Salesman avoids driving ban – because he was too drunk for breathalyser!
A SALESMAN escaped a driving ban because he was too drunk to take a second breath test. Michael Camp had wet himself and was found to be three-and-a-half times over the limit when he was pulled over by police.
They had spotted his car weaving down a road in Spalding, Lincolnshire, in November 2015.
He was taken to a police station for a second breath test, but was unsteady on his feet and collapsed while trying four times to blow into an intoximeter machine, meaning he couldn’t give a sample.
Anyone who refuses to take a breath test, or fails to supply a sample of breath and doesn’t have a ‘reasonable excuse’, can be arrested. A reasonable excuse includes a ‘genuine Free to drive: Michael Camp physical or mental condition’. Camp, 52, from Milton Keynes, was charged with failing to provide a breath specimen for analysis.
But District Judge Peter Veits had decided at Lincoln magistrates’ court that his drunken state was a ‘reasonable excuse’ for his failure. He was allowed to carry on driving because the judge said he had not ‘wilfully’ refused to co-operate.
But an appeal, costing thousands, is now under way.
Mark Weekes told the High Court: ‘Physical incapacity by means of excessive drunkenness could neither be a valid excuse nor a defence to the charge.’ But Camp’s lawyers say police officers failed to follow procedures because they did not take samples of his blood or urine instead.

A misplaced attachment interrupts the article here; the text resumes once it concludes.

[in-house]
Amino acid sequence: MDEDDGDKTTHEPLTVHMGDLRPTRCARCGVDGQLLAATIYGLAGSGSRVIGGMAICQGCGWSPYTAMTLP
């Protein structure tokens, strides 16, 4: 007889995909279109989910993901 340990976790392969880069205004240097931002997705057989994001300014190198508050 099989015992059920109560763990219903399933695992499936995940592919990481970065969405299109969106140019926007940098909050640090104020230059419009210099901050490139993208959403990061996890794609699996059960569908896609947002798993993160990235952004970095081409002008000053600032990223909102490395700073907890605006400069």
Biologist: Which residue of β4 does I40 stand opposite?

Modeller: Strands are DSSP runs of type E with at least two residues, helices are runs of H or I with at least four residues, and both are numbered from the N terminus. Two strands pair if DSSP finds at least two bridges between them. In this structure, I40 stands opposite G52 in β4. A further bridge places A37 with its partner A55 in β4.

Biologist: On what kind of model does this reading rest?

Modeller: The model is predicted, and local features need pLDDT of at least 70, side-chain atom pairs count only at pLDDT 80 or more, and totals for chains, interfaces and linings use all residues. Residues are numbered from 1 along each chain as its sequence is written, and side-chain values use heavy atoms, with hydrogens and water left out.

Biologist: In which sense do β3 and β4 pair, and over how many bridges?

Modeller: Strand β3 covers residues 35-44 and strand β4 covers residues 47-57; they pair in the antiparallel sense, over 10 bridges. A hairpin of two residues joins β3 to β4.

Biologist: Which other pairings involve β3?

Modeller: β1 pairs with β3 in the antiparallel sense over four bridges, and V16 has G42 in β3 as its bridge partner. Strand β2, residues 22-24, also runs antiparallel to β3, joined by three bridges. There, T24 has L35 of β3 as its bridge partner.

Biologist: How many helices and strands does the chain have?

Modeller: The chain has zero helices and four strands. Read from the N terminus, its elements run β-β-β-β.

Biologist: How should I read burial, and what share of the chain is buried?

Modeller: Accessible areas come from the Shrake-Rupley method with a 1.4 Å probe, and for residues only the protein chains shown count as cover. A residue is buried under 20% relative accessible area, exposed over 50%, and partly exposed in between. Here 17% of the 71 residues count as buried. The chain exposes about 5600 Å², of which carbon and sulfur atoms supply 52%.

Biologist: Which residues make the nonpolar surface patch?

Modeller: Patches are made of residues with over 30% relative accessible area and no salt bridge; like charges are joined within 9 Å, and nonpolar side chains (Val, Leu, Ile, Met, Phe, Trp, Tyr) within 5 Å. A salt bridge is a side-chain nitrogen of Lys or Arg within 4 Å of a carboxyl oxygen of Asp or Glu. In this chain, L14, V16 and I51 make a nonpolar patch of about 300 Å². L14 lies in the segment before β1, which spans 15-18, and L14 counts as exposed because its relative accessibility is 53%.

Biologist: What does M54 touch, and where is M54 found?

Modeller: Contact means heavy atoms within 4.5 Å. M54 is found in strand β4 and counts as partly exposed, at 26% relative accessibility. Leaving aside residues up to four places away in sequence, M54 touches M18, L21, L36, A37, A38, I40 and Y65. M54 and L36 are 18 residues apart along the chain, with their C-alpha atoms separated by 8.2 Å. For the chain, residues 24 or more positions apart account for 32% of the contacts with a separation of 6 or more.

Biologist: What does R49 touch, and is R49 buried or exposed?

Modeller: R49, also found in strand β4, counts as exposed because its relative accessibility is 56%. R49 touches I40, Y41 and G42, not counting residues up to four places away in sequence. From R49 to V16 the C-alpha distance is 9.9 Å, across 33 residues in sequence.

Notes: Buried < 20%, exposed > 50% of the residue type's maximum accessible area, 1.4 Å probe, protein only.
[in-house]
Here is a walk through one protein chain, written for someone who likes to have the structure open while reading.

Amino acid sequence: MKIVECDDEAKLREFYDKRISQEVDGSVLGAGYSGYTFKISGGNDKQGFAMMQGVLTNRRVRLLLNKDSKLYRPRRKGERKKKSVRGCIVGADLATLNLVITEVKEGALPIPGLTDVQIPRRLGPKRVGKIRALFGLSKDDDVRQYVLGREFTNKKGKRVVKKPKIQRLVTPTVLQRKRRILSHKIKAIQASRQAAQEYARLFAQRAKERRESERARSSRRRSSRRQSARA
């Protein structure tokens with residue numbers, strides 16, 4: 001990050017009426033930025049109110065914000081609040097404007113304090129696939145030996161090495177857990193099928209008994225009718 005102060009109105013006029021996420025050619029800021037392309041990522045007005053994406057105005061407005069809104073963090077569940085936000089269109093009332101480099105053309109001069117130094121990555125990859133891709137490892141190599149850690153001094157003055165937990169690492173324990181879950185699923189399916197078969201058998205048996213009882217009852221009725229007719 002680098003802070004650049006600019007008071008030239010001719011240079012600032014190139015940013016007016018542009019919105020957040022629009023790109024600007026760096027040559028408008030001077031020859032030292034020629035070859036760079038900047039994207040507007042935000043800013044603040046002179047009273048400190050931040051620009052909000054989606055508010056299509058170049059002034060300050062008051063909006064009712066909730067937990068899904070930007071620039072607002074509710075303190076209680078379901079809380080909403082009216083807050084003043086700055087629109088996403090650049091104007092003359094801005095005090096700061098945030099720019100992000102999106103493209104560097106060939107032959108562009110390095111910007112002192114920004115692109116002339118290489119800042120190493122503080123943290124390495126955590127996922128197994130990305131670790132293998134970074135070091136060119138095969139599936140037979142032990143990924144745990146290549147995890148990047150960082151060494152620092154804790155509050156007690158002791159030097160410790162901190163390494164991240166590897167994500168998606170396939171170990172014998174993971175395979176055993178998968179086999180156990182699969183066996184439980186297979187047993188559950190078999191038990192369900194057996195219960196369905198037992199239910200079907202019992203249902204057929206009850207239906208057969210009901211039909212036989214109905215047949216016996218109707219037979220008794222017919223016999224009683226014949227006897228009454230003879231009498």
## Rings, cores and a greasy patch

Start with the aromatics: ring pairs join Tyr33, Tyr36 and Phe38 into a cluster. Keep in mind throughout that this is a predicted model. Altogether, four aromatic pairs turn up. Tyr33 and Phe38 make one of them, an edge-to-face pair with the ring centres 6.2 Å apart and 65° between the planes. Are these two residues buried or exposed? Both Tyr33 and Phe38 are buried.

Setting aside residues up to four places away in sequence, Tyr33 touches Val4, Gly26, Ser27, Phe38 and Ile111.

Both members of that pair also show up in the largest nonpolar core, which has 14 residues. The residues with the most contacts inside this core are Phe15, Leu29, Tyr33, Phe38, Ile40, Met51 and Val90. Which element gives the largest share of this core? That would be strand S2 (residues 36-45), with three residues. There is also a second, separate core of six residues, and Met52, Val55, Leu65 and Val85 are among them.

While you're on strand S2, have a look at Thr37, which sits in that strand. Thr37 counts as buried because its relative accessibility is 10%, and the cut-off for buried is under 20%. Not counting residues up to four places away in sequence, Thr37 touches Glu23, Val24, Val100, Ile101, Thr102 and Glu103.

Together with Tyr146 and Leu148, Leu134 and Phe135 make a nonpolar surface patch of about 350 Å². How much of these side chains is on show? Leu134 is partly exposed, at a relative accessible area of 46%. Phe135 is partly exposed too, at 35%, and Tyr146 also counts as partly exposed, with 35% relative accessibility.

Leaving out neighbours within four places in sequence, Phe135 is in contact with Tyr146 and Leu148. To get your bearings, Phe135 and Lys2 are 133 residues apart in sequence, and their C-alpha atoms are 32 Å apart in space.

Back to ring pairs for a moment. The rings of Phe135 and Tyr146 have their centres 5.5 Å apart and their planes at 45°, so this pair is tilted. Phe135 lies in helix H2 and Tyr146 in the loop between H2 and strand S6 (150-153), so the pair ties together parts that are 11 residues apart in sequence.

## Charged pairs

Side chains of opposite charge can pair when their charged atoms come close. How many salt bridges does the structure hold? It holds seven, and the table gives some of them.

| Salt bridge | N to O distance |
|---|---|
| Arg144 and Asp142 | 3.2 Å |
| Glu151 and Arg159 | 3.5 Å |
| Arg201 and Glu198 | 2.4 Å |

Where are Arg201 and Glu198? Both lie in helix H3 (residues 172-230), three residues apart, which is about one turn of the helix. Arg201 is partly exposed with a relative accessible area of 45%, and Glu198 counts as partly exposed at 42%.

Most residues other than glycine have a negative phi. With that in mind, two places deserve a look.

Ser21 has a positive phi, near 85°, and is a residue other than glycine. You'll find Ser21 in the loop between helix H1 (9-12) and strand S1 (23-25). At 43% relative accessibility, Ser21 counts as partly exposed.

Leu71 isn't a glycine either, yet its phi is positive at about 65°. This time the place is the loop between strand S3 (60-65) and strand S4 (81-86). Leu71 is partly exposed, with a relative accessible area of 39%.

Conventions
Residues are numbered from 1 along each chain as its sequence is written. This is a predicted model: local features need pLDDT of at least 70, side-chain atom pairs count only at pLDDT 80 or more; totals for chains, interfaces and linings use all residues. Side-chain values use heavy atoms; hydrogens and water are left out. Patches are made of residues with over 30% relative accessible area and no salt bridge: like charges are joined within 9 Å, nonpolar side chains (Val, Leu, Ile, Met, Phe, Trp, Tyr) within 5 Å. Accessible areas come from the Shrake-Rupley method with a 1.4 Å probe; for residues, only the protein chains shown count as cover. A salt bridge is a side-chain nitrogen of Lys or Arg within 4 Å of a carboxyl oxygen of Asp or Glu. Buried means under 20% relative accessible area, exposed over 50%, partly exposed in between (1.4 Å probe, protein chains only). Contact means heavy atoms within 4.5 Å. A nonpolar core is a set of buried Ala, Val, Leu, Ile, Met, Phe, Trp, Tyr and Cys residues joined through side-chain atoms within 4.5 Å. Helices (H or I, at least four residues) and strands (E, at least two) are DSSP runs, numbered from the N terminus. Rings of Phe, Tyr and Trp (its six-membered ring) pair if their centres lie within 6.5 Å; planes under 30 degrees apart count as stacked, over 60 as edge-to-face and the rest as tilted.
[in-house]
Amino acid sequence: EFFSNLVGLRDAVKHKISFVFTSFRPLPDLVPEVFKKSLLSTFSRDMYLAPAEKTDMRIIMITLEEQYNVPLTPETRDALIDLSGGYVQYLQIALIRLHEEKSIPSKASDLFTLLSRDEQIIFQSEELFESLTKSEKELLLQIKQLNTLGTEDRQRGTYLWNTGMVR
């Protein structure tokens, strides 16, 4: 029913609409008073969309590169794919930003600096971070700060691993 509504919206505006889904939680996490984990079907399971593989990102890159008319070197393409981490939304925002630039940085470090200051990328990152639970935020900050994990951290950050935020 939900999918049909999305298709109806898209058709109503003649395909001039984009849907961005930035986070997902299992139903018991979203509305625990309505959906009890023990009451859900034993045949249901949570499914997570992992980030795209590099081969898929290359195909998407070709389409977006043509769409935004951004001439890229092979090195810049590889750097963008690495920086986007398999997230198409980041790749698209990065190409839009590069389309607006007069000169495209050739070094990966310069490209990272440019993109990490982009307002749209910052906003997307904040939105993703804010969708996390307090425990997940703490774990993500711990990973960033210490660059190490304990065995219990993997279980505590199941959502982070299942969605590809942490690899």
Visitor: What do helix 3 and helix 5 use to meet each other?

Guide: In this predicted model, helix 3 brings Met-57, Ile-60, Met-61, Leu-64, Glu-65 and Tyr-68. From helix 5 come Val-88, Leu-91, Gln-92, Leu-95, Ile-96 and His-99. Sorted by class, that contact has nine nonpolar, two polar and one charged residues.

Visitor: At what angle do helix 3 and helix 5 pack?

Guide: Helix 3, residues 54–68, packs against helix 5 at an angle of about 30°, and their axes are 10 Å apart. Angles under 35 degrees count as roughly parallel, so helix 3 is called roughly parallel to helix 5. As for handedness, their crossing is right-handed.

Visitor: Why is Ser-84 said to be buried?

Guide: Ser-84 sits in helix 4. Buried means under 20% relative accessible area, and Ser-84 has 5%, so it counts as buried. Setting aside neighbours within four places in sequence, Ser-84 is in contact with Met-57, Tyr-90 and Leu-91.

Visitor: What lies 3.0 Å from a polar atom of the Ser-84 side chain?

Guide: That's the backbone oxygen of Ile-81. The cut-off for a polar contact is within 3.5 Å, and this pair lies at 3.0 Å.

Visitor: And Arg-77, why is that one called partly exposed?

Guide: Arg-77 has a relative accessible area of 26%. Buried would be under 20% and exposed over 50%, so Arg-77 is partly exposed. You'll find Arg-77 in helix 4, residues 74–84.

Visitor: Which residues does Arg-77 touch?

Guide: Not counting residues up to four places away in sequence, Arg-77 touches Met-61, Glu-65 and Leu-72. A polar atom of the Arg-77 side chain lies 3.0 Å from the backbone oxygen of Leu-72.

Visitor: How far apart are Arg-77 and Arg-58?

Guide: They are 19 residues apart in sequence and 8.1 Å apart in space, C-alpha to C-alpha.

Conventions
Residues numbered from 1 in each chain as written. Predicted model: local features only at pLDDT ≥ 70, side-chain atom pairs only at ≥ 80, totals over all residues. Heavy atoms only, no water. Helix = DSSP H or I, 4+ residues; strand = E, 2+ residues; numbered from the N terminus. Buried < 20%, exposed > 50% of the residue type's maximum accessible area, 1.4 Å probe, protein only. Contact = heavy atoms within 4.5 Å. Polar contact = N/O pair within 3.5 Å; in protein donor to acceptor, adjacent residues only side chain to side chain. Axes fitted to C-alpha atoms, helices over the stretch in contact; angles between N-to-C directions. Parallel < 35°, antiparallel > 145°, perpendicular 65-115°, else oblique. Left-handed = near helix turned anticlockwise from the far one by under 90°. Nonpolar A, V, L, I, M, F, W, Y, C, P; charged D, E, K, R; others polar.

Rules state that police can request urine or blood samples if the breath test device is not available or is not working correctly or if the driver is medically unable to give a breath test. It is not known why one was not taken in this case.
The appeal ruling will be given at a later date. The breath test dates back 50 years. At present, drivers in England and Wales are permitted to give a reading up to 80mg of alcohol in 100ml of blood – a level which has not changed since the tests were introduced in 1967.
But there have been calls for the drink-drive limit to be lowered to bring it in line with the rest of Europe.
A survey by the RAC found three in five motorists were in favour of a reduction on the current limit.
Anyone convicted of failing to provide a specimen faces at least a 12-month driving ban and, in some cases, could be jailed for up to three years.
Reasonable excuses for not complying may also include the mental state of the arrested person or, in the case of a blood test, an aversion to hypodermic needles but typically, evidence of this would need to be produced.
‘Failed to follow procedures’